From the highly talented Stansbury teams that could not meet expectations, to the three seasons of the disastrous Rick Ray era, and even in the first two years of the Ben Howland era, Mississippi State basketball has been frustrating for years.
All of that is about to change.
Everywhere Ben Howland has been, he has won. It has been a process, but the result of winning has occurred time and time again.
In his first two seasons at Northern Arizona, Ben Howland’s team won 9 and 7 games, respectively. Year 3? 21 wins, a conference championship, and a berth in the Big Dance.
In Howland’s first two seasons at Pittsburgh, he won a lowly 13 games in year one and jumped to 19 in the second year. Year 3? 28 wins, a conference championship, a 2-seed, and an Elite 8 appearance.
When Howland landed his dream job at UCLA, year one was a struggle and year two did not meet expectations, winning 11 and 18 games each. Year 3? 32 wins and a season that jump-started three consecutive Pac-10 Championships and three straight Final Four appearances.
Year 3 is THE season for Ben Howland teams.
His playbook and culture have been implemented, standards and expectations are communicated, and players that fits what he wants to do are in the program.
Howland has coached two completely different teams in his two seasons in Starkville.
While many have wanted instant success, it takes time to build up a rebuilding program. That magnifies when the coach deals with a senior-led team in his first year and a team full of underclassmen the next. Year one consisted of six seniors, a solidified big man in Gavin Ware, and a highly touted recruit by the name of Malik Newman.
Meanwhile, the six Seniors are gone and Newman left the program in hopes of fitting in better in Lawrence, Kansas. Senior Point Guard I.J. Ready is the lone upperclassmen on the team, star sophomore Quinndary Weatherspoon is playing with a wrist injury that almost ended his season as soon as it hardly began, and a large and talented, yet raw Freshmen class is learning on the fly while missing a member in 4-star big man Abdul Ado — a position of need for the Bulldogs.
The second youngest team in all of college basketball, according to KenPom, is going to have struggles with getting off to a hot-start, turnovers, decision-making, and closing out games. Mississippi State has been in games late with the top three teams in the SEC — losing by 7 to Kentucky, and by 9 combined points to Florida and South Carolina — but the next step is making the needed plays to change a close-loss to a signature win.
One player that can do just that is 5-star Point Guard Nick Weatherspoon. The younger brother of Quinndary, Nick Weatherspoon has the speed to penetrate defenses, the range to pull up from three, and the attitude needed to take over games. Weatherspoon has the ability to play both back-court positions as well, making an explosive pair with Lamar Peters possible for Howland to play with to frustrate defenses. Drawing comparsions to Russell Westbrook by the man who coached him, the elite playmaker can be a major factor in helping Mississippi State close out games to get to The Dance.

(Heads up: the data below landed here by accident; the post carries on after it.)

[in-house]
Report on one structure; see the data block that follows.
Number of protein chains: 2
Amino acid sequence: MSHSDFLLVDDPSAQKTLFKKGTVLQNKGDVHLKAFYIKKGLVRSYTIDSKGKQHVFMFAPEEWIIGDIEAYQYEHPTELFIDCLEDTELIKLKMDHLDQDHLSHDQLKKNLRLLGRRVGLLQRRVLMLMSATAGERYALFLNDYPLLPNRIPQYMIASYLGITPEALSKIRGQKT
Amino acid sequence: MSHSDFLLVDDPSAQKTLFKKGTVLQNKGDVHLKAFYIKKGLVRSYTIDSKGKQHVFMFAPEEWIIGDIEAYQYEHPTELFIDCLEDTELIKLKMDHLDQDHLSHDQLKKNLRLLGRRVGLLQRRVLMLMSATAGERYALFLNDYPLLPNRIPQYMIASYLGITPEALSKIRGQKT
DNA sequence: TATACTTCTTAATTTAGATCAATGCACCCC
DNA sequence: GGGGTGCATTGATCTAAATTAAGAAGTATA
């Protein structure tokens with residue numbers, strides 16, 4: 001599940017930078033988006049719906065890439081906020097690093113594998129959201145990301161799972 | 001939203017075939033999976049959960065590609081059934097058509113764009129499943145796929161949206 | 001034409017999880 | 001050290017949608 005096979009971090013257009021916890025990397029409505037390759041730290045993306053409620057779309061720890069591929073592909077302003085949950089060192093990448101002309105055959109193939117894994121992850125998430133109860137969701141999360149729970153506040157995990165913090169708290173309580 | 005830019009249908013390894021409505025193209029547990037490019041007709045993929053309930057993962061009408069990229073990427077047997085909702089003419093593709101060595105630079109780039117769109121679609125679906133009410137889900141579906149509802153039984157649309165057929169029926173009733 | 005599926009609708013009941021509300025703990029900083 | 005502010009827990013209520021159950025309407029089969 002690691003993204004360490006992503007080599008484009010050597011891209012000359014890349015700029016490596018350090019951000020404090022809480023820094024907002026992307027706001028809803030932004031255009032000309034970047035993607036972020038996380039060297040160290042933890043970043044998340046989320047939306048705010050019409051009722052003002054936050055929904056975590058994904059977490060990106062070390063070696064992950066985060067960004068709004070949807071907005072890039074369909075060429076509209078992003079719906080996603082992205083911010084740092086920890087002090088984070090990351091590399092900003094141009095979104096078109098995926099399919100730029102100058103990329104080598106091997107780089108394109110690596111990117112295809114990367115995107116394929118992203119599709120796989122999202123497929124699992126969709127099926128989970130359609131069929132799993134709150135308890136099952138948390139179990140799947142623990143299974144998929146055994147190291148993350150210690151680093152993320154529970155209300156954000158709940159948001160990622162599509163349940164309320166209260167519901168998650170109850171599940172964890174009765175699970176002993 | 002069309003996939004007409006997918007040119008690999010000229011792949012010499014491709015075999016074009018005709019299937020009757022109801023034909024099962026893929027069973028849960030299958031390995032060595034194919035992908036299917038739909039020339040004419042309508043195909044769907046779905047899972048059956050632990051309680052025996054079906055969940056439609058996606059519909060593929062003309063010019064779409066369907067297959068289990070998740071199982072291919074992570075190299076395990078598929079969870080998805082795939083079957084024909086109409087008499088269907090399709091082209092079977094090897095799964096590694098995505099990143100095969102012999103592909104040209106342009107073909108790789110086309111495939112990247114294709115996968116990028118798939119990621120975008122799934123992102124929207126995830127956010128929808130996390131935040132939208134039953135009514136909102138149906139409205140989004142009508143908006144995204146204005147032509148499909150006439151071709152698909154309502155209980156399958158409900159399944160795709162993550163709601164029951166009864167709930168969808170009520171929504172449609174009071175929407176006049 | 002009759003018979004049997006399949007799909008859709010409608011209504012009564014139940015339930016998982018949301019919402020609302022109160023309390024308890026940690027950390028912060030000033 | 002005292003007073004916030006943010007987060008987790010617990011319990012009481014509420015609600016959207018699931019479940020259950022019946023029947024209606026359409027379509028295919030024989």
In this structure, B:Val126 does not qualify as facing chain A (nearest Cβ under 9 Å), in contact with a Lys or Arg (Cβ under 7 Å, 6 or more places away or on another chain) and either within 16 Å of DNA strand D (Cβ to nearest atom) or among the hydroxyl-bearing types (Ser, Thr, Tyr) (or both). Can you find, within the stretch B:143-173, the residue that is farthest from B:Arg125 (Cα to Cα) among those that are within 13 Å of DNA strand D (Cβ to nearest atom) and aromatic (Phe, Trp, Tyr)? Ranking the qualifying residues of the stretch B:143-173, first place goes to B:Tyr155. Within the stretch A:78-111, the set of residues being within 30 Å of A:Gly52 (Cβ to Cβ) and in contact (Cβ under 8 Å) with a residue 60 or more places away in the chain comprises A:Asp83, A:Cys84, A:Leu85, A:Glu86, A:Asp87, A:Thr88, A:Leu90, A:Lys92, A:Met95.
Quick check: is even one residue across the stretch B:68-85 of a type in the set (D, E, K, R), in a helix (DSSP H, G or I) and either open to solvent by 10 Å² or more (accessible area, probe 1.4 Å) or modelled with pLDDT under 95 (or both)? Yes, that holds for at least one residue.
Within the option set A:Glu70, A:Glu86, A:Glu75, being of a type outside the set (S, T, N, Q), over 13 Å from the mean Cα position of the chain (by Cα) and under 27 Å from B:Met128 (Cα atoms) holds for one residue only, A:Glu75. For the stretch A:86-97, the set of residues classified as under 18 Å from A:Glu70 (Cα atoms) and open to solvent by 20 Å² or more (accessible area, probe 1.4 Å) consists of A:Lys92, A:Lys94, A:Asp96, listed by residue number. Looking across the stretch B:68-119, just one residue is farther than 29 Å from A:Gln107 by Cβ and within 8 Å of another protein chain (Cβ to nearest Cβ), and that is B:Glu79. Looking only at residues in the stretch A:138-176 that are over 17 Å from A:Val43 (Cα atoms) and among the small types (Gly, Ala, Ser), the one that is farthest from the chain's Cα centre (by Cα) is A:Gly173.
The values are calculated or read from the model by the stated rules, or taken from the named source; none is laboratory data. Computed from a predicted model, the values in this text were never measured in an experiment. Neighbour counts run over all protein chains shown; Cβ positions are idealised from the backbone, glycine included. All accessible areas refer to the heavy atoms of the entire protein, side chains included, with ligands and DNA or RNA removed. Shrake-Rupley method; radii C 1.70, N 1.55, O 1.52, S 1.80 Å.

The three additions up front next season - Garrison Brooks, Keyshawn Feazell, and the aforementioned Abdul Ado - can have the potential to flip the horribly-frustrating losses to big wins. While freshman Schnider Herard has certainly been improving all season and sophomore Aric Holman is one of the conference's best shot blockers, it is no secret that the Bulldogs lack a consistent post presence and struggle to win the battle on the boards. Garrison Brooks is a big-bodied forward with a post game that Mississippi State is looking for.
When the three’s are not falling, Brooks will have the ability to make an impact down low. Brooks also adds an element of stretching the floor, which is great news for the slashing Weatherspoon brothers and the guards. Keyshawn Feazell is full of athleticism. While considered a raw prospect, the Lawrence County product will add much-needed post depth for the Maroon and White.
Ado is an athletic freak that will be another rim protector on the roster. His length will be able to impact shots in the paint for the Bulldogs’ defense. The three big men will help change the fortunes of the front court next season.
Lamar Peters has shown star potential. The freshman out of New Orleans has quickly become a fan favorite. His quick handle, deep range, and fearless attitude is something Mississippi State has been missing. A year of experience will only help the young guard reach his potential. Mario Kegler is improving in big ways every game.
Kegler has seemingly embraced the stretch-four position for Howland and it has paid off. The Oak Hill product has the size to battle inside to go along with the shot and touch to stretch the floor. Tyson Carter can get hot at any moment. While slim in size, the Starkville native has added hot shooting when on the court. His talent was shown off in a big way against South Carolina, going for 22 points on 50% shooting beyond the perimeter.
The development of Schnider Herard continues to grow. The raw big man from Hati struggled to find a niche early on the season. As the season as gone on, his offense has improved and the defense is coming around, too. While fouling needs to go down, Herard looks to be developing into a solid big man for the Bulldogs. Eli Wright has struggled at times this year, but his slashing-ability can be shown in big ways next season with a more open floor to operate in. The freshmen class has the potential to do high-level things in their time in Starkville.
While this season has had disappointing moments, the future is as bright as the sun at midday. A fully healthy Quinndary Weatherspoon, a year of experience and development for the large group of underclassmen, and the continuous influx of major talent makes Year 3 of the Ben Howland era a chance to be very special.